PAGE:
Preparing the New (Global) Generation of Students: Study-Abroad Strategies for a New Generation of Students
November 18–19, 2016
Clark Atlanta University, Morehouse College, and Spelman College
In 2013 the American Association of Colleges and Universities (AAC&U) began an initiative to increase global awareness and learning in college classrooms. This was the topic of their fall national symposium. In October, several faculty and administrators from Farmingdale State College, a campus of the State University of New York, attended the 2013 AAC&U Conference “Global Learning in College: Asking Big Questions, Engaging Urgent Challenges.” As a result, that same fall, Farmingdale State College began a concerted effort to internationalize its curriculum, and to inspire students to examine issues of concern to the broader world. We believe that increased global awareness is vital in the preparation of the new generation of college students.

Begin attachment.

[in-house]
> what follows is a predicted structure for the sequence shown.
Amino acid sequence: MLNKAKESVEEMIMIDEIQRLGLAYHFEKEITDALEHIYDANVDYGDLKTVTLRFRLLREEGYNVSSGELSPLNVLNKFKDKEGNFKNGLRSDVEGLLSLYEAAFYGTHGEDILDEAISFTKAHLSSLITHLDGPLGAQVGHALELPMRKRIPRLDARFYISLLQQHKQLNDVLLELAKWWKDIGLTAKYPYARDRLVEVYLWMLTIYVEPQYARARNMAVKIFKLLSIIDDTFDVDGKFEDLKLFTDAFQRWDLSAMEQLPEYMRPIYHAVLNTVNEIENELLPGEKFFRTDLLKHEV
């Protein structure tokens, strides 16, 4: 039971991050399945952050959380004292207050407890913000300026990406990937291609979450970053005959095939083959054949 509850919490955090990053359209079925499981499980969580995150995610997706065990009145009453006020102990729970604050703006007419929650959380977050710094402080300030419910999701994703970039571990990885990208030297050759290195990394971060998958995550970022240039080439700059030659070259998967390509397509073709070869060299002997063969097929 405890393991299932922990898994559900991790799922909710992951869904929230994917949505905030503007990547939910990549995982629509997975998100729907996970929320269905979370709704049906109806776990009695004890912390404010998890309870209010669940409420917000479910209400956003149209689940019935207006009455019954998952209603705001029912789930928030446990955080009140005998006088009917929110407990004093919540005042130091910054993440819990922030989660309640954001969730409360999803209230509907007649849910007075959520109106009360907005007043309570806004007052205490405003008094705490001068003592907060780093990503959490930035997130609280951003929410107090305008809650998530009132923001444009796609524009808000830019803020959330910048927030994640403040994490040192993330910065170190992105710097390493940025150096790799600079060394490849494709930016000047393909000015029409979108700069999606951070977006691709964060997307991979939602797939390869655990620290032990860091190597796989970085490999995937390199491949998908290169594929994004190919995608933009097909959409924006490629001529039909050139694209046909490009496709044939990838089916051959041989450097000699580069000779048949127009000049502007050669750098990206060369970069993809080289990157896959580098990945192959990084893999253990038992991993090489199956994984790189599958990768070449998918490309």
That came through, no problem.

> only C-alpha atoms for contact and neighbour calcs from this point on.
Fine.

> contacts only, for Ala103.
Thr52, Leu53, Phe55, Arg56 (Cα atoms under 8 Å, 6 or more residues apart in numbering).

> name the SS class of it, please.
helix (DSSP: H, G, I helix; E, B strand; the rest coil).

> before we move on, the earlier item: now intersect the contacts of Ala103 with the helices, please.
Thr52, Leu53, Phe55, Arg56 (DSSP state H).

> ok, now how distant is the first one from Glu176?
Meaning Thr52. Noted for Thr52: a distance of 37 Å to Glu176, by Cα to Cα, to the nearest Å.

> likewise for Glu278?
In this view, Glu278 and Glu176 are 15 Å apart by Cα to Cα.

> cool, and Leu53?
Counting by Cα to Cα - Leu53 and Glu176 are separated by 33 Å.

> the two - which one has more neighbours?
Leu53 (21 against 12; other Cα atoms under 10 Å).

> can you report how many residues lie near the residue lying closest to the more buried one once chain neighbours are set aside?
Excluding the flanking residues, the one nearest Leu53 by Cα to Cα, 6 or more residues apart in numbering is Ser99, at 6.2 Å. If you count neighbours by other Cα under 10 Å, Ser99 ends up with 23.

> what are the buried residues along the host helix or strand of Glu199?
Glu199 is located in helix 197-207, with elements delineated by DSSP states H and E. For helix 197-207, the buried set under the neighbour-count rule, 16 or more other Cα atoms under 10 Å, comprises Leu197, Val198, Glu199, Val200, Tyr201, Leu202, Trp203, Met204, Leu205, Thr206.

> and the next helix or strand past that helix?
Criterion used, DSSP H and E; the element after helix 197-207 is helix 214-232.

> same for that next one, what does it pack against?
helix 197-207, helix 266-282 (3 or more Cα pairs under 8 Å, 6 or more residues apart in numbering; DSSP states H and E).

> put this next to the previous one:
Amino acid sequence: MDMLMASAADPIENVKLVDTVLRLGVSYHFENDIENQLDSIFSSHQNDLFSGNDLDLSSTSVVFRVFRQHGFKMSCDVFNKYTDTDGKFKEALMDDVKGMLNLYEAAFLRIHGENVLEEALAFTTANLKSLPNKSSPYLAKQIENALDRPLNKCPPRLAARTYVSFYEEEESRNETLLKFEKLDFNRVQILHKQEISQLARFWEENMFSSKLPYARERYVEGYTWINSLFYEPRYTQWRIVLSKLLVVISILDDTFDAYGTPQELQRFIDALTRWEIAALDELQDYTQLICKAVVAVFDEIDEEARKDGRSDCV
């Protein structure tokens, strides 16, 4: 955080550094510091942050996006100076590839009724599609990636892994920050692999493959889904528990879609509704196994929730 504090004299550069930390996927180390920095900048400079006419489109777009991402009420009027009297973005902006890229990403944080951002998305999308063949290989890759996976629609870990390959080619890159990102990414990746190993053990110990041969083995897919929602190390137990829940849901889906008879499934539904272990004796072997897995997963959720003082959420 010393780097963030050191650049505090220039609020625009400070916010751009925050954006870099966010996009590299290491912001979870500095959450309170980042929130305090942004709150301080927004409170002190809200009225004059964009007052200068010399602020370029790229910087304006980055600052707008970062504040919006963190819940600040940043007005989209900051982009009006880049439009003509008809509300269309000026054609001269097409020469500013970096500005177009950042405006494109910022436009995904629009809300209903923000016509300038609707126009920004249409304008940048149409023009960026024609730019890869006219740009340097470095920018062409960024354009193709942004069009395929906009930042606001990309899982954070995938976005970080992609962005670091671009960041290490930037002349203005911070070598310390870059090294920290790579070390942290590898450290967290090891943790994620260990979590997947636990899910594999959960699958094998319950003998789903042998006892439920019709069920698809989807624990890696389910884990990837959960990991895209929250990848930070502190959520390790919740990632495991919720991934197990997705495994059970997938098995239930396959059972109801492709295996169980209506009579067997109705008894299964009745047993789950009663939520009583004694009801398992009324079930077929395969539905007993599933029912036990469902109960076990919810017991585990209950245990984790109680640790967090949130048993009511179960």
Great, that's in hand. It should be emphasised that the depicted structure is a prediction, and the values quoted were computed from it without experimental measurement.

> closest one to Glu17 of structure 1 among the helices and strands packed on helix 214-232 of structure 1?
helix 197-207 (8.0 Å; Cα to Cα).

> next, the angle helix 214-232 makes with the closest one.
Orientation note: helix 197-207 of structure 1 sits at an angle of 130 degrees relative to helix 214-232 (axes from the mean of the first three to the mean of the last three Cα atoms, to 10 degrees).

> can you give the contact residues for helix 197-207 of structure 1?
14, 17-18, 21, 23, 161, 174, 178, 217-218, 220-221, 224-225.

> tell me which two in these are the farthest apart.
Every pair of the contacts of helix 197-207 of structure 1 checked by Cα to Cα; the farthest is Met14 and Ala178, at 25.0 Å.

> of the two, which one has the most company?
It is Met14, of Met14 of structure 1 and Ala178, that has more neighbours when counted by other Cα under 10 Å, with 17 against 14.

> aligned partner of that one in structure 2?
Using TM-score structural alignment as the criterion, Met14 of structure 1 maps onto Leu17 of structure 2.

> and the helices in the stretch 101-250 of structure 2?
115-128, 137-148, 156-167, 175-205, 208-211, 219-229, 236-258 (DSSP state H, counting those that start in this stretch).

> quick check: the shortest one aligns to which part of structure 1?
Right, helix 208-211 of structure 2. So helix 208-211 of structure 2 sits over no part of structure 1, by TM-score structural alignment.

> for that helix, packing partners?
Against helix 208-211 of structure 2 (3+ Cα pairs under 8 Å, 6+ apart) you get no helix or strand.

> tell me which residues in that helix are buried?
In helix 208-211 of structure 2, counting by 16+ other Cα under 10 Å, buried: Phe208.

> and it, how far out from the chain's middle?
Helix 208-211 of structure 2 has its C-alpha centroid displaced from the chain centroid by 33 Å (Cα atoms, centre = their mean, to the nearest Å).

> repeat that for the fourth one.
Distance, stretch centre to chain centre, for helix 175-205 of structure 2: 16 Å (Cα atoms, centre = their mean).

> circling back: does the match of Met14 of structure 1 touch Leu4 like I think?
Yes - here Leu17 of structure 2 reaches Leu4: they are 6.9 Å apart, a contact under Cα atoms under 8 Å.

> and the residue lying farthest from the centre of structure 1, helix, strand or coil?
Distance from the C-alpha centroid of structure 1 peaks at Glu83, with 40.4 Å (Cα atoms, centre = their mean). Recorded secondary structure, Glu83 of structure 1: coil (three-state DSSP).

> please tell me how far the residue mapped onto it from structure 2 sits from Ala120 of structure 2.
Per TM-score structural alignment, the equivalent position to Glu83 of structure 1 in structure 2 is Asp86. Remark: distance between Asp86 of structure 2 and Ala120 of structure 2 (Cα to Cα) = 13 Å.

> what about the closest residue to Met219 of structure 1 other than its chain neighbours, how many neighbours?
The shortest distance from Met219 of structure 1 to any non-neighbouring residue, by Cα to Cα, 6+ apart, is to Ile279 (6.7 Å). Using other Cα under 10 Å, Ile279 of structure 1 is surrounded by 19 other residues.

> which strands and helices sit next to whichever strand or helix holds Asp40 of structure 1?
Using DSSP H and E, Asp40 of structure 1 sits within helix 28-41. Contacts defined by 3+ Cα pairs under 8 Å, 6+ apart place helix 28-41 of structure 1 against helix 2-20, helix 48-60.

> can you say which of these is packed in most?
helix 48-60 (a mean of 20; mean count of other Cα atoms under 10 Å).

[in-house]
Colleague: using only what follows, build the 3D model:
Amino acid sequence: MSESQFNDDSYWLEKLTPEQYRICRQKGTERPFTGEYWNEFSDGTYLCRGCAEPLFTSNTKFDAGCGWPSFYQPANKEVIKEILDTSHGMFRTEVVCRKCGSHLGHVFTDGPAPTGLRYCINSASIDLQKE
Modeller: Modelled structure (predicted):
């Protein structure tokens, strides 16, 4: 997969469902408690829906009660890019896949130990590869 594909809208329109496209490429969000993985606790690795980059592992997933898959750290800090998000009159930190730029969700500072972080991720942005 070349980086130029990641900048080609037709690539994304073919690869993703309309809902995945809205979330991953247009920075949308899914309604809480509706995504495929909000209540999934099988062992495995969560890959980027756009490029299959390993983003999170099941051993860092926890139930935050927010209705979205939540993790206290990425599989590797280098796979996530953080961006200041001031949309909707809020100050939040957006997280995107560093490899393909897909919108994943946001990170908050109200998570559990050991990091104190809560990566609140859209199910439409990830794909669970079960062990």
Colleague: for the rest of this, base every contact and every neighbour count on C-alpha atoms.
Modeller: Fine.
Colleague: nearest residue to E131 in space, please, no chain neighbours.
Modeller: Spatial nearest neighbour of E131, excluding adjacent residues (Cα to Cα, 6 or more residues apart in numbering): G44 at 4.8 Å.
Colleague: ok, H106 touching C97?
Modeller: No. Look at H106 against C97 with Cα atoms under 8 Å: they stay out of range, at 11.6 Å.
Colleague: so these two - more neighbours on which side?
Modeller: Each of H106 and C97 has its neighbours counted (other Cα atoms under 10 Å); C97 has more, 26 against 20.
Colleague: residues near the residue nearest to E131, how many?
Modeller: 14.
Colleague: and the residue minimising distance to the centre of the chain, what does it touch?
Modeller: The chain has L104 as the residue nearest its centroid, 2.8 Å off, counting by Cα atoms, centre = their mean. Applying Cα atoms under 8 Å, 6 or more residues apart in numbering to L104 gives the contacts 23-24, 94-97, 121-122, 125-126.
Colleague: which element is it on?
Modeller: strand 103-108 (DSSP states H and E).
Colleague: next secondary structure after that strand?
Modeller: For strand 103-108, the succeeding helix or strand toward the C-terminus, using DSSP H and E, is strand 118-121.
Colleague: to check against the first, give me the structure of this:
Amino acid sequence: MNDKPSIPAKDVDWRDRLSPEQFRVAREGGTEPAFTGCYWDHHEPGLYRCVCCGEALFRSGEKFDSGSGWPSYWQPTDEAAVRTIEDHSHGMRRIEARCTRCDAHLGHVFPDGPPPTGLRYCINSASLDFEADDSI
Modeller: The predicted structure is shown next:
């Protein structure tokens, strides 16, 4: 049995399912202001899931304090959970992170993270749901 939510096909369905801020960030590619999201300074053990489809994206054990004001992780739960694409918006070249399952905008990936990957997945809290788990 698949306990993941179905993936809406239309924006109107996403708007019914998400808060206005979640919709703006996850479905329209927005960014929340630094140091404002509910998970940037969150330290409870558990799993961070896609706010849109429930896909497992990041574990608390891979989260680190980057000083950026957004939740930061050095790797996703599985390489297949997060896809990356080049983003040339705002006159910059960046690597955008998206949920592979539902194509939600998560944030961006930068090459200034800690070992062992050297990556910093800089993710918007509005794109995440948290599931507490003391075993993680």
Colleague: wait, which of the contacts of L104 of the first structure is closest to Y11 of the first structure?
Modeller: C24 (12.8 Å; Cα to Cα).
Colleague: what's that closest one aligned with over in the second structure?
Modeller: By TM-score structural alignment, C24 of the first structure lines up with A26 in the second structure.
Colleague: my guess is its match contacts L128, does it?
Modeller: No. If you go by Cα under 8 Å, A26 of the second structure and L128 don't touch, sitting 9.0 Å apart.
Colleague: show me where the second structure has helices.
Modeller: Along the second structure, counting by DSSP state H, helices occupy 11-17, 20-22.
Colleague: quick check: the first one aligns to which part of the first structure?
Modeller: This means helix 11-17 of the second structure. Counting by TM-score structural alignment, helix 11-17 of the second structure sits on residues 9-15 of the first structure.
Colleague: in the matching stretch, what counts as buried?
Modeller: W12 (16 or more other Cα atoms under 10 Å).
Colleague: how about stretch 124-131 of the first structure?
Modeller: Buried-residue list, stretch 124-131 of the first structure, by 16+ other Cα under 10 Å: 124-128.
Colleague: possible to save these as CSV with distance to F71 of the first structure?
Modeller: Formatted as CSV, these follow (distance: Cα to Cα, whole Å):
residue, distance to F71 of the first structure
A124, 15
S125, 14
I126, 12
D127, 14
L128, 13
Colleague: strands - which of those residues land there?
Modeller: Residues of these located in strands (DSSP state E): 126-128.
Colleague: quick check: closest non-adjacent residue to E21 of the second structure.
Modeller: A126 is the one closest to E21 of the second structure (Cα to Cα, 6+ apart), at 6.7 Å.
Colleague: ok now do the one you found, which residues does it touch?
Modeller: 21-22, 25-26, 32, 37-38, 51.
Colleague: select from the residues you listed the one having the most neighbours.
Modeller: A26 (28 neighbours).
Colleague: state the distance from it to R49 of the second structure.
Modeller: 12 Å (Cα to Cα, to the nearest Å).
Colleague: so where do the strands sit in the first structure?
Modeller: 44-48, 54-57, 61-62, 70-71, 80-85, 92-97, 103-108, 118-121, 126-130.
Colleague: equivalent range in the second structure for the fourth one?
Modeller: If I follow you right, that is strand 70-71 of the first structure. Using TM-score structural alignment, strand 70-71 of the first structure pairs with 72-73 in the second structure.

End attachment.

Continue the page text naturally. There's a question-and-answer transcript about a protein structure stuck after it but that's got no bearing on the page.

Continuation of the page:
We approached the conference by asking how we, as faculty, could “globalize” Farmingdale State College. One of the questions we faced as we began the process included whether classroom discussion of global issues would suffice. We quickly realized that discussion of global issues in class was something we were already doing. However, our students seemed to engage global issues only when compelled to do so in class. Many of them had limited knowledge of global issues and international affairs. How could we get our students more interested in global issues? Further, how could we globalize the curriculum across the campus so that all courses reinforced the international theme? In short, how could we help shape our students into responsible global citizens? Before we could figure out how to make our classes more globally centered, we had to define precisely what we meant by “global.” What issues are important from a global perspective? What issues are important here in the U.S. but also in other parts of the world that would impact Farmingdale College students? Through identifying these commonalities, we believed that students would more easily be able to identify with other peoples of the world and obtain a global perspective.